Coming soon… training officer development programme

When is a training officer not a Training Officer – at least in the original sense of the word?

The role of Training Officer was pivotal within the relationship between a GTA and its employers. The person in this role was the lynchpin of the apprenticeship training process. She or he began by finding out what support the employer needed, and discussing how the various aspects of the need might be met. Business needs might span more than training, and include other advice and support. But the Training Officer was seen by the employer as their first port of call, signposting if necessary to other sources of help, and supplying many
training solutions first-hand. The GTA itself was seen by the employer as the ‘training arm’ of their company, supplying or co-ordinating all their skills support needs.

Sometimes for very good reasons, GTAs have gradually moved away from recruiting Training Officers, and have allocated parts of the role elsewhere, often to recruitment or sales and marketing functions.
You may well have made some of these decisions. Now, based on the findings of GTA England peer reviews over the last two years, we would invite you to review your decisions. Here are some of the features of the best-performing GTAs:

•Good responses to employer needs and good evidence of ‘tailored’ programmes
•GTAs are successful in attracting high quality employers and applicants year on year
•GTAs work well in partnership with employers to recruit and place learners
•Initial assessment is thorough and used effectively to plan learning
•Learning and assessment are planned well from the outset, integrating all aspects of the programme, including workplace training and assessment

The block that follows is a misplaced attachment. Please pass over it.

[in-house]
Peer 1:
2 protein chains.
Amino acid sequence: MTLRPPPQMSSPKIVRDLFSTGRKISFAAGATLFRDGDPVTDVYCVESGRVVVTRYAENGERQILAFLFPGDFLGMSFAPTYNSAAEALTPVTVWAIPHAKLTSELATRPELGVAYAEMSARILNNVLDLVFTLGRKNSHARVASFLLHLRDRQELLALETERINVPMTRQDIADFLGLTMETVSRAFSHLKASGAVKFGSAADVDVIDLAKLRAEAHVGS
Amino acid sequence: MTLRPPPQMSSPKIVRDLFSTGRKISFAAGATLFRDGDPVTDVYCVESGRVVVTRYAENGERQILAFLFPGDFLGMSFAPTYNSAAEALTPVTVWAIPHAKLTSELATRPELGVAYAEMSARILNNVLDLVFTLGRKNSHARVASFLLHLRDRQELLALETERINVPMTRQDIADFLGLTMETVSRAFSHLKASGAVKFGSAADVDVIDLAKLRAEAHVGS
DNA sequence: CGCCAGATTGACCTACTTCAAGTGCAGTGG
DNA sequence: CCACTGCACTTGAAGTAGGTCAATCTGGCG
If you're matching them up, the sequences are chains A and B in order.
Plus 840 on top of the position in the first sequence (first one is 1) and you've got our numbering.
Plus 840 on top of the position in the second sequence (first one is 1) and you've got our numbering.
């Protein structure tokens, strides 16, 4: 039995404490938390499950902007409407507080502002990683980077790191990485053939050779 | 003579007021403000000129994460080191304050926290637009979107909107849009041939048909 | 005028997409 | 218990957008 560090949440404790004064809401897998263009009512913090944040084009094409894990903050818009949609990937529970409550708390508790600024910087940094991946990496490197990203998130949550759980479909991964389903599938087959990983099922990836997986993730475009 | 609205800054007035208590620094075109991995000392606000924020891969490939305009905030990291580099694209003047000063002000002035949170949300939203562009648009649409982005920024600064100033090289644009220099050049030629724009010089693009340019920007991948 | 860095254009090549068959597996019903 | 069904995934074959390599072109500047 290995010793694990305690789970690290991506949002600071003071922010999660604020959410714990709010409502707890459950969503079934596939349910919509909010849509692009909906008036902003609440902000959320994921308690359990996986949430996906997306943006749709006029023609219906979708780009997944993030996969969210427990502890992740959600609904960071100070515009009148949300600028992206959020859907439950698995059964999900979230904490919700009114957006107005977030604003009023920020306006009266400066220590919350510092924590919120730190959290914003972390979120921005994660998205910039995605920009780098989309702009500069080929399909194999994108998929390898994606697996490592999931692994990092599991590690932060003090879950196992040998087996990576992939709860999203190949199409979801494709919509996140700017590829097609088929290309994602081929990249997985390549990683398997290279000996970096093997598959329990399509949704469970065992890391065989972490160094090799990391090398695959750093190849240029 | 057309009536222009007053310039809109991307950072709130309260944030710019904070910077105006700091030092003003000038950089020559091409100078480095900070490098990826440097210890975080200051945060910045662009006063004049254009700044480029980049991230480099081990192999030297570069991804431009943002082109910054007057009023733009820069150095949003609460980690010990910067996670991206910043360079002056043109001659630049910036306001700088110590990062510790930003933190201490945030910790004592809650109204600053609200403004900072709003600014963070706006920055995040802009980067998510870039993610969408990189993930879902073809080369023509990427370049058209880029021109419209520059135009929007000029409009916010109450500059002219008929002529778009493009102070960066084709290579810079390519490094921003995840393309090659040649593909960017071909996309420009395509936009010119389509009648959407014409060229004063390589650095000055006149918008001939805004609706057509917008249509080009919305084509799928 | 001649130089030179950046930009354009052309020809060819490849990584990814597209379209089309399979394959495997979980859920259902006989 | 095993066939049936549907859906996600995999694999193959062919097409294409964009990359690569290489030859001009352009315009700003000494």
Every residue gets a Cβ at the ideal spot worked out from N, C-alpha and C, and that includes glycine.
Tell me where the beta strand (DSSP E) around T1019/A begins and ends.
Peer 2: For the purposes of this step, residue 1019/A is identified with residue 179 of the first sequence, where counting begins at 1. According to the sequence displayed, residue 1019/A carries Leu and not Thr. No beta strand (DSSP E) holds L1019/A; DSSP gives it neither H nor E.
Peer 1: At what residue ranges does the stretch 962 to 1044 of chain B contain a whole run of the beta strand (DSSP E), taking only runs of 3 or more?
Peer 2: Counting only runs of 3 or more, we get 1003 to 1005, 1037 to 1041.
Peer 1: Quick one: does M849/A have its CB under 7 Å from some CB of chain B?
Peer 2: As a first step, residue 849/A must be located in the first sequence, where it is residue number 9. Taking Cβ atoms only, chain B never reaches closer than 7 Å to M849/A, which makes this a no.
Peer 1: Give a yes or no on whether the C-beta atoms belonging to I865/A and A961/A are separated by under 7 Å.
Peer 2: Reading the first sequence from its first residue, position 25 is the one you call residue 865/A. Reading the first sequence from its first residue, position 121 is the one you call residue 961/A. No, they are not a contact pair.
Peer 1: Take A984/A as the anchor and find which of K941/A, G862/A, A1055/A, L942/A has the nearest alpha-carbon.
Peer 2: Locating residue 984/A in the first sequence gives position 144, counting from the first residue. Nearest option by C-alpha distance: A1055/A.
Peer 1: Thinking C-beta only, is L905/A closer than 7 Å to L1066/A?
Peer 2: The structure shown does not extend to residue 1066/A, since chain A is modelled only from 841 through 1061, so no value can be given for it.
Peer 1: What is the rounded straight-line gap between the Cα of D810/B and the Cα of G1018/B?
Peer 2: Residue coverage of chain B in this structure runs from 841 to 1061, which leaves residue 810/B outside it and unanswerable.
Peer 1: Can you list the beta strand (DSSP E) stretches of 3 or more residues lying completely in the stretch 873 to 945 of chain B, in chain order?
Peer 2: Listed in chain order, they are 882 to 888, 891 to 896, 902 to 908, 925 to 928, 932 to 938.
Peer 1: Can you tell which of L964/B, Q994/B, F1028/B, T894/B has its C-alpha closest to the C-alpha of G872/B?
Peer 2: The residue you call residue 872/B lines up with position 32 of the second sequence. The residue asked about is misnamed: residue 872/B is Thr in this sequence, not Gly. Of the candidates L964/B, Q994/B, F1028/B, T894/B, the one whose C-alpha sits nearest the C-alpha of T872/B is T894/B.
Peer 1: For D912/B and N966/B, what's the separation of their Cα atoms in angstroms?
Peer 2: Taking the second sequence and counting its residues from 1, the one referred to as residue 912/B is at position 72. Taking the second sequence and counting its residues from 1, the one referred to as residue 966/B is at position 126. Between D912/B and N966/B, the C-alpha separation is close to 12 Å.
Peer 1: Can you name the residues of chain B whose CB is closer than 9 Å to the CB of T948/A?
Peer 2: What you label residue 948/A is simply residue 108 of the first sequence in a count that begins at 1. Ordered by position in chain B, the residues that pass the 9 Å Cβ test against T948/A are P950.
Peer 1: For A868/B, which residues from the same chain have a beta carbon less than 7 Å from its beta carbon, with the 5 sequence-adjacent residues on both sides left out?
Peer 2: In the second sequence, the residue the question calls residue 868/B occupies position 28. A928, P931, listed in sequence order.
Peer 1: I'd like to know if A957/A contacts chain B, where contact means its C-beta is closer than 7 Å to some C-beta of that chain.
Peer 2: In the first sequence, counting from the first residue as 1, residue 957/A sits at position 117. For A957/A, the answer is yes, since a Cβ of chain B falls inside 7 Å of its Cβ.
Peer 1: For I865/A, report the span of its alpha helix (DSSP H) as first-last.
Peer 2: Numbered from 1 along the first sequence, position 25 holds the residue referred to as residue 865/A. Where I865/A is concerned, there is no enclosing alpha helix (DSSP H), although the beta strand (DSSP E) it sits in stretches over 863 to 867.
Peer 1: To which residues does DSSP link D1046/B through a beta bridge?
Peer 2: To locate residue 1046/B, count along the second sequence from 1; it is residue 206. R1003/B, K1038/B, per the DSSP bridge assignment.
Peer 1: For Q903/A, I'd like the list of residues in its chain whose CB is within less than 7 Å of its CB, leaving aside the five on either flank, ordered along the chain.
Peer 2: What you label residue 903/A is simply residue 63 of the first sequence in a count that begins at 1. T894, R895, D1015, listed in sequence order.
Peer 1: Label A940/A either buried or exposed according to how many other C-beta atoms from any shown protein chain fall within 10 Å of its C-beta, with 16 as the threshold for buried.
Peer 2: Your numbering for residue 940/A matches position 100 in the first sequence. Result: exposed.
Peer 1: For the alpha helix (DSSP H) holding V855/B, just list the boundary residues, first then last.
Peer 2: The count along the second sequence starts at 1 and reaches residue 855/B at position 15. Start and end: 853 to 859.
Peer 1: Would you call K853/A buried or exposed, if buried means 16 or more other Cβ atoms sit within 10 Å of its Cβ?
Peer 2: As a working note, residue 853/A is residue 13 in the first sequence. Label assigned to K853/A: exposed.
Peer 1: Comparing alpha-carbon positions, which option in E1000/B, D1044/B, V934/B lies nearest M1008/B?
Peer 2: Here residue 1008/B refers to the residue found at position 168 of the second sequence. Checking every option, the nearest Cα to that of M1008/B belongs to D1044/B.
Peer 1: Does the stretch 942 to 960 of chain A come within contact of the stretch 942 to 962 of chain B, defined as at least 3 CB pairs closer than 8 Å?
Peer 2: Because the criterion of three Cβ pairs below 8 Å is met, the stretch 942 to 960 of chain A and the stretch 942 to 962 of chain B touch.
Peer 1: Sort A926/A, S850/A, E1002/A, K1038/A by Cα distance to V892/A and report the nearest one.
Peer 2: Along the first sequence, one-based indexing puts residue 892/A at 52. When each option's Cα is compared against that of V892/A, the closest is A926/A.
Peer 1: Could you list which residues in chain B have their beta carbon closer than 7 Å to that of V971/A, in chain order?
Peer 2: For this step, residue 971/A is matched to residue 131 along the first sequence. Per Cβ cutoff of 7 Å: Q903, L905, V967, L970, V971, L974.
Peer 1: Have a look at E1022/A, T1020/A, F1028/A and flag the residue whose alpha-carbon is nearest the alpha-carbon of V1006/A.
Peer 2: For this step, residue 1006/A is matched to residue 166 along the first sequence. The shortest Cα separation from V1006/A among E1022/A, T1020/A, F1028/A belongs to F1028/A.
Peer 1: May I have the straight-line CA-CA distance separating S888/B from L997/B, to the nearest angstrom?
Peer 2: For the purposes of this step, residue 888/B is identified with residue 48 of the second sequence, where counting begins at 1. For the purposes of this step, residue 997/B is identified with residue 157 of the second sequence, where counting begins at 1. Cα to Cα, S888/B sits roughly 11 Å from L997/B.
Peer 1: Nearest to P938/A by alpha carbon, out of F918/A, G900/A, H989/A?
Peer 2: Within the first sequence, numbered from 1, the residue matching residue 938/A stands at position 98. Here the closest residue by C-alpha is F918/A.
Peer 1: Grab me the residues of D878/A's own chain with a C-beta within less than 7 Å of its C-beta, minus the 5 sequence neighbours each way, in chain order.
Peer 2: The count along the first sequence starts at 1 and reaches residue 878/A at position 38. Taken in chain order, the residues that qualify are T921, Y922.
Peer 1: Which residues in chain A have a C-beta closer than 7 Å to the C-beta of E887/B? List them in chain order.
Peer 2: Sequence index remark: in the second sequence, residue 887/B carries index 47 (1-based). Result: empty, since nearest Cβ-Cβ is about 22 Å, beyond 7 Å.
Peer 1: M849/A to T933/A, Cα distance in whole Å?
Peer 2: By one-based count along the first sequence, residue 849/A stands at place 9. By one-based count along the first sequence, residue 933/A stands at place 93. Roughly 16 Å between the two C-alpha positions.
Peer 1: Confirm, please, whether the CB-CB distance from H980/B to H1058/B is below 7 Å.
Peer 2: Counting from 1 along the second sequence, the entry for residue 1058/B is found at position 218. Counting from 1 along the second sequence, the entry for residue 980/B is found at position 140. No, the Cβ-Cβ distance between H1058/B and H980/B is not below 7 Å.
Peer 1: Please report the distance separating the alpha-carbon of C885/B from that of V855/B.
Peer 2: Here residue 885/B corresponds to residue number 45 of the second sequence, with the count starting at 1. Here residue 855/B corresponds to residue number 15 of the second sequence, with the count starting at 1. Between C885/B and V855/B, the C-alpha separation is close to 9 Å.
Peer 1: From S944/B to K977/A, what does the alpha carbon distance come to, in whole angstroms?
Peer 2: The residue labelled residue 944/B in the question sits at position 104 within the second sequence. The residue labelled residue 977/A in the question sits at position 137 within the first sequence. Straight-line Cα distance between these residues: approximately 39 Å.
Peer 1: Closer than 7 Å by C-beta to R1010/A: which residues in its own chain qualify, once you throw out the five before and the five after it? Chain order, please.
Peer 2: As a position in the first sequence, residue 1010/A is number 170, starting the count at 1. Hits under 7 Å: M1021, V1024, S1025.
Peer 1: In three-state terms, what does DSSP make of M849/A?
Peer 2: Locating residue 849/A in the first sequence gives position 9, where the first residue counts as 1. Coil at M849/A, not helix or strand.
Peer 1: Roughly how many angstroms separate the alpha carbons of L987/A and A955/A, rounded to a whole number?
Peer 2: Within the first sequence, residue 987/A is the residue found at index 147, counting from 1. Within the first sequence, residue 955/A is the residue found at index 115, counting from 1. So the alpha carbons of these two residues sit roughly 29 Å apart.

•Feedback from both learners and employers is consistently good or better
•Highly effective management of learner progress at all levels
•Pastoral care arrangements are good and clearly accessible to learners
•Learner health, safety and welfare are paramount
•Good range of assessment methods and standard of work for learners in the workplace
•Good short and medium term targetsetting at reviews in the workplace; good employer input into the review process
•E&D, safeguarding and H&S well-embedded into the review process

Within GTAs judged to require improvement, peer review teams frequently found weaknesses in the set-up and planning phase of the training, which, when combined with a less than robust approach to
target-setting at reviews, allowed problems to develop with learner progress and timely achievement.
Much of the evidence from GTA England peer reviews is echoed in an Ofsted report compiled in 2010 entitled ‘Learning from the Best’, which observed that excellent links between on- and off-the-job training, and effective planning with the employer from the outset, were the key factors in making the learning relevant to the apprentice’s work, thus ensuring the sustainability of the apprentice programme, and the best learning outcomes.
The best practice observed during peer reviews, was found in GTAs which had retained the traditional role of ‘Training Officer’, where the tutor/assessor was a well-established link between the employer, the learner and the GTA, effectively co-ordinating the training process.

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